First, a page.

Hampshire sheep

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Hampshire sheep

The Hampshire or Hampshire Down is a breed of sheep which originated around 1829 from a cross of Southdowns with the Old Hampshire breed, the Wiltshire Horn, and the Berkshire Nott, all horned, white-faced sheep — these were native to the open, untilled, hilly stretch of land known as the Hampshire Downs.


  • Breed Name: Hampshire
  • Other Name: Also known as Hampshire Down Sheep
  • Breed Purpose: Primarily raised for meat production
  • Breed Size: Large
  • Weight: Mature rams weight is around 120 kg, and ewe’s body weight is around 91 kg.
  • Horns: No
  • Climate Tolerance: Almost all climates
  • Color: White
  • Rarity: Common
  • Country/Place of Origin: United Kingdom


The Hampshire sheep acquired its name from the agriculture county of Hampshire in Southern England where they were developed. The Hampshire-Down evolved from the mingling of different strains of kindred blood from sheep in co-existence along the borders of Hampshire County. The Old Hampshire, Berkshire Knot, Willshire Horn and Southdown sheep were believed by most writers to be the original broods found in and along the borders of Hampshire County. Mr. John Twynam made a valuable contribution to the Hampshire Down through the use of an improved Cotswold ram and Mr. William Humphrey by the introduction of two of the largest and most outstanding Southdown rams.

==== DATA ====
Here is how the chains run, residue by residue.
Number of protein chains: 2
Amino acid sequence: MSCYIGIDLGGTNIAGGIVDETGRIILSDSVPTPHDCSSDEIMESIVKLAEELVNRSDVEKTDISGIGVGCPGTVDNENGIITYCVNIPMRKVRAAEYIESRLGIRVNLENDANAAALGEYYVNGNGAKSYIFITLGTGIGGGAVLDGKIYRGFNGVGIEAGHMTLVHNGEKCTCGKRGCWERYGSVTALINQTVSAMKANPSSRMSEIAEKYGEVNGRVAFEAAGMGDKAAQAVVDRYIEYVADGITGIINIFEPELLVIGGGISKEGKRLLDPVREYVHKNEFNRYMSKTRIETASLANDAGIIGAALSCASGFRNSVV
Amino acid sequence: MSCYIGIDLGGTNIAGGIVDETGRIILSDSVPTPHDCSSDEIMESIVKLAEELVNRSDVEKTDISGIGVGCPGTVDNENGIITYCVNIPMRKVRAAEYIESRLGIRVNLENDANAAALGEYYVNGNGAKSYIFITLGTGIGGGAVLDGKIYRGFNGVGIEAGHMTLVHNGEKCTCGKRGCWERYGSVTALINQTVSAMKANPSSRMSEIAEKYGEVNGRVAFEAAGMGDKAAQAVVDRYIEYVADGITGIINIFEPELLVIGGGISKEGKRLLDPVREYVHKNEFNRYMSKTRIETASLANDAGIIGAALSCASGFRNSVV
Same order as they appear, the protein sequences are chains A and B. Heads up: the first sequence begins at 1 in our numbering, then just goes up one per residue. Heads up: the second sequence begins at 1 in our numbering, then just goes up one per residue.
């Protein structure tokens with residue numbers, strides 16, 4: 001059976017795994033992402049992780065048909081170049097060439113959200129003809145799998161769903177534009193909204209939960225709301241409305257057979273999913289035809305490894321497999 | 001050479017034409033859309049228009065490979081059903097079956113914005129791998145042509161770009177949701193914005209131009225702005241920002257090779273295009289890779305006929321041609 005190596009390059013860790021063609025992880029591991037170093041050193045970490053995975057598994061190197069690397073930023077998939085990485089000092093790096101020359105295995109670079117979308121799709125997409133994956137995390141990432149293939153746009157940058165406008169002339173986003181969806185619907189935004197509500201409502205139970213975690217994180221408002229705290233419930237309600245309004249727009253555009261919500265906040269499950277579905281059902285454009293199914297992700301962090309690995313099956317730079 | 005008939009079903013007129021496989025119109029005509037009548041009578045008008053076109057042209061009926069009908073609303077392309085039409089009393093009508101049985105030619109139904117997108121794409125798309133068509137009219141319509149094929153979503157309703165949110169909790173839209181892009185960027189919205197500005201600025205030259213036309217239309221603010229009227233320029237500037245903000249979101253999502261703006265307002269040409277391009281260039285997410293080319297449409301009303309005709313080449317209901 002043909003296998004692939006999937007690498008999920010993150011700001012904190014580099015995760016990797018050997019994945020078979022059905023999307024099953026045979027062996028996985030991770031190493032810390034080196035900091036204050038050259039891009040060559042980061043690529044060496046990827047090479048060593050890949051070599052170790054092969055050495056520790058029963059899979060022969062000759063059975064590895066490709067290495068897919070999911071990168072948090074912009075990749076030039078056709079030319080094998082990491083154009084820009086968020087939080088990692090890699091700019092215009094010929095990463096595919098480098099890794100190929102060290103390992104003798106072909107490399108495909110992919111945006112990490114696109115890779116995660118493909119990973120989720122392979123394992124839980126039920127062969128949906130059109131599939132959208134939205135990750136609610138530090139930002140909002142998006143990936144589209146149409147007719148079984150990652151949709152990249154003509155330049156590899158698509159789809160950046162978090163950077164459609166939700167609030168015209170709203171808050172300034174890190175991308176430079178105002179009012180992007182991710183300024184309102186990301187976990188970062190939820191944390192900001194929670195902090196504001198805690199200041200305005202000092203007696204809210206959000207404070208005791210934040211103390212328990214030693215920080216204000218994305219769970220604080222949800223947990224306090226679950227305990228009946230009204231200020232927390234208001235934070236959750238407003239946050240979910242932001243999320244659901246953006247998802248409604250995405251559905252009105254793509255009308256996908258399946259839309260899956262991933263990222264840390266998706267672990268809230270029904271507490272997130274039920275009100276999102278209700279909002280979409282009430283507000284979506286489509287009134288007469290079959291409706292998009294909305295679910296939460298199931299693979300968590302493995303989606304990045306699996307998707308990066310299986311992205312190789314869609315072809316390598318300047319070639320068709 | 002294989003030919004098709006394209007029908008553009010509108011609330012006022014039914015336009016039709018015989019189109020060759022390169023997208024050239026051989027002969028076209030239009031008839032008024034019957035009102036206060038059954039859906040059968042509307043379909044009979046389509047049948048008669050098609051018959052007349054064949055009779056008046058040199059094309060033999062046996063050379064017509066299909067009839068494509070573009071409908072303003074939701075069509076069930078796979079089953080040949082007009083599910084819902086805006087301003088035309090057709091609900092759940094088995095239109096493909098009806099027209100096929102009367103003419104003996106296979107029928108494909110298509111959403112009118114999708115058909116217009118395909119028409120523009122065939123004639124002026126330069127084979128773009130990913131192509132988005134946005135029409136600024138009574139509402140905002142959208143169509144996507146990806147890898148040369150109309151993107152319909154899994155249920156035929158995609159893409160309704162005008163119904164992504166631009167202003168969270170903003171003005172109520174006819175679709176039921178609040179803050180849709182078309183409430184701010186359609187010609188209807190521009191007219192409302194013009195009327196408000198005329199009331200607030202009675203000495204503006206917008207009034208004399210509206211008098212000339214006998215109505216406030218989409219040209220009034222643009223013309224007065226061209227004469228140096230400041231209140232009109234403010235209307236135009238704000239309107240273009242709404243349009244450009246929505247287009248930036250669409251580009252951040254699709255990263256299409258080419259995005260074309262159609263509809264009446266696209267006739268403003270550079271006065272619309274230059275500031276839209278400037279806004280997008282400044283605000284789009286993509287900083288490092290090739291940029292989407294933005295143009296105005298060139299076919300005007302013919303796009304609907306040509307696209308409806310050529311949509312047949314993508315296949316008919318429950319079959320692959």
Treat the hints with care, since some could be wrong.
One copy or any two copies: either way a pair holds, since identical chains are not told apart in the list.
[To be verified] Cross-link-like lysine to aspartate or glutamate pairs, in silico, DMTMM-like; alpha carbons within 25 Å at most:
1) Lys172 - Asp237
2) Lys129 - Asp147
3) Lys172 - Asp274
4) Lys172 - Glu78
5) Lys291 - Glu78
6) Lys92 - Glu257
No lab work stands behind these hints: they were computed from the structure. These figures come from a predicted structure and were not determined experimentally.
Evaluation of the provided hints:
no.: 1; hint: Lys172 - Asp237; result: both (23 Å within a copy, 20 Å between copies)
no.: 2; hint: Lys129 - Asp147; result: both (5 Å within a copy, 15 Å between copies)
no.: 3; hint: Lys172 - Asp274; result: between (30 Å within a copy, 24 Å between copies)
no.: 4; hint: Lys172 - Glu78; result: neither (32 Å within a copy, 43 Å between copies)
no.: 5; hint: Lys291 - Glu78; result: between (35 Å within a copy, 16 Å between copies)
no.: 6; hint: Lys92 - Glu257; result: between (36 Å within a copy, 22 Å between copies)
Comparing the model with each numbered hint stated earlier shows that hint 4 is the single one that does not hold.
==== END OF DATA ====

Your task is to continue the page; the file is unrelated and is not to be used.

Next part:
Originating in the county of Hampshire in the south of England, Hampshire sheep are a combination of the Berkshire Knot, Southdown, Old Hampshire and Wiltshire Horn sheep breeds.

In 1860 Hampshire sheep were introduced to the United States, but the breed disappeared during the Civil War and were not reintroduced until the 1880’s.

As one of the larger breeds, the Hampshire is easy to distinguish from Suffolks by their black legs and faces. Unlike the Suffolk, Hampshire sheep have some wool on their heads and legs and this breed should display a solid topknot of unbroken wool.


Mature rams should weigh 300 pounds or more and mature ewes should weigh 200 pounds or more in breeding condition.[1] Mature ewes yield on average 6 lbs(2.7 kg) to 10 lbs (4.5 kg) fleece that is 25.0 to 33.0 microns and a spinning count of 46 to 58. The fleece staple length is 2.0 to 3.5 in (5-9 cm) with a yield of 50% to 62%.


The Hampshire sheep are large sized animals with strong muscling and deep, blocky bodies. Their look is like the oxen of the sheep world. They are mainly white in coloration. They have dark face with moderately long and slightly dropped ears. Their legs are also usually dark, with some wool present below the knees. Both rams and ewes are usually polled, that means they have no horns.

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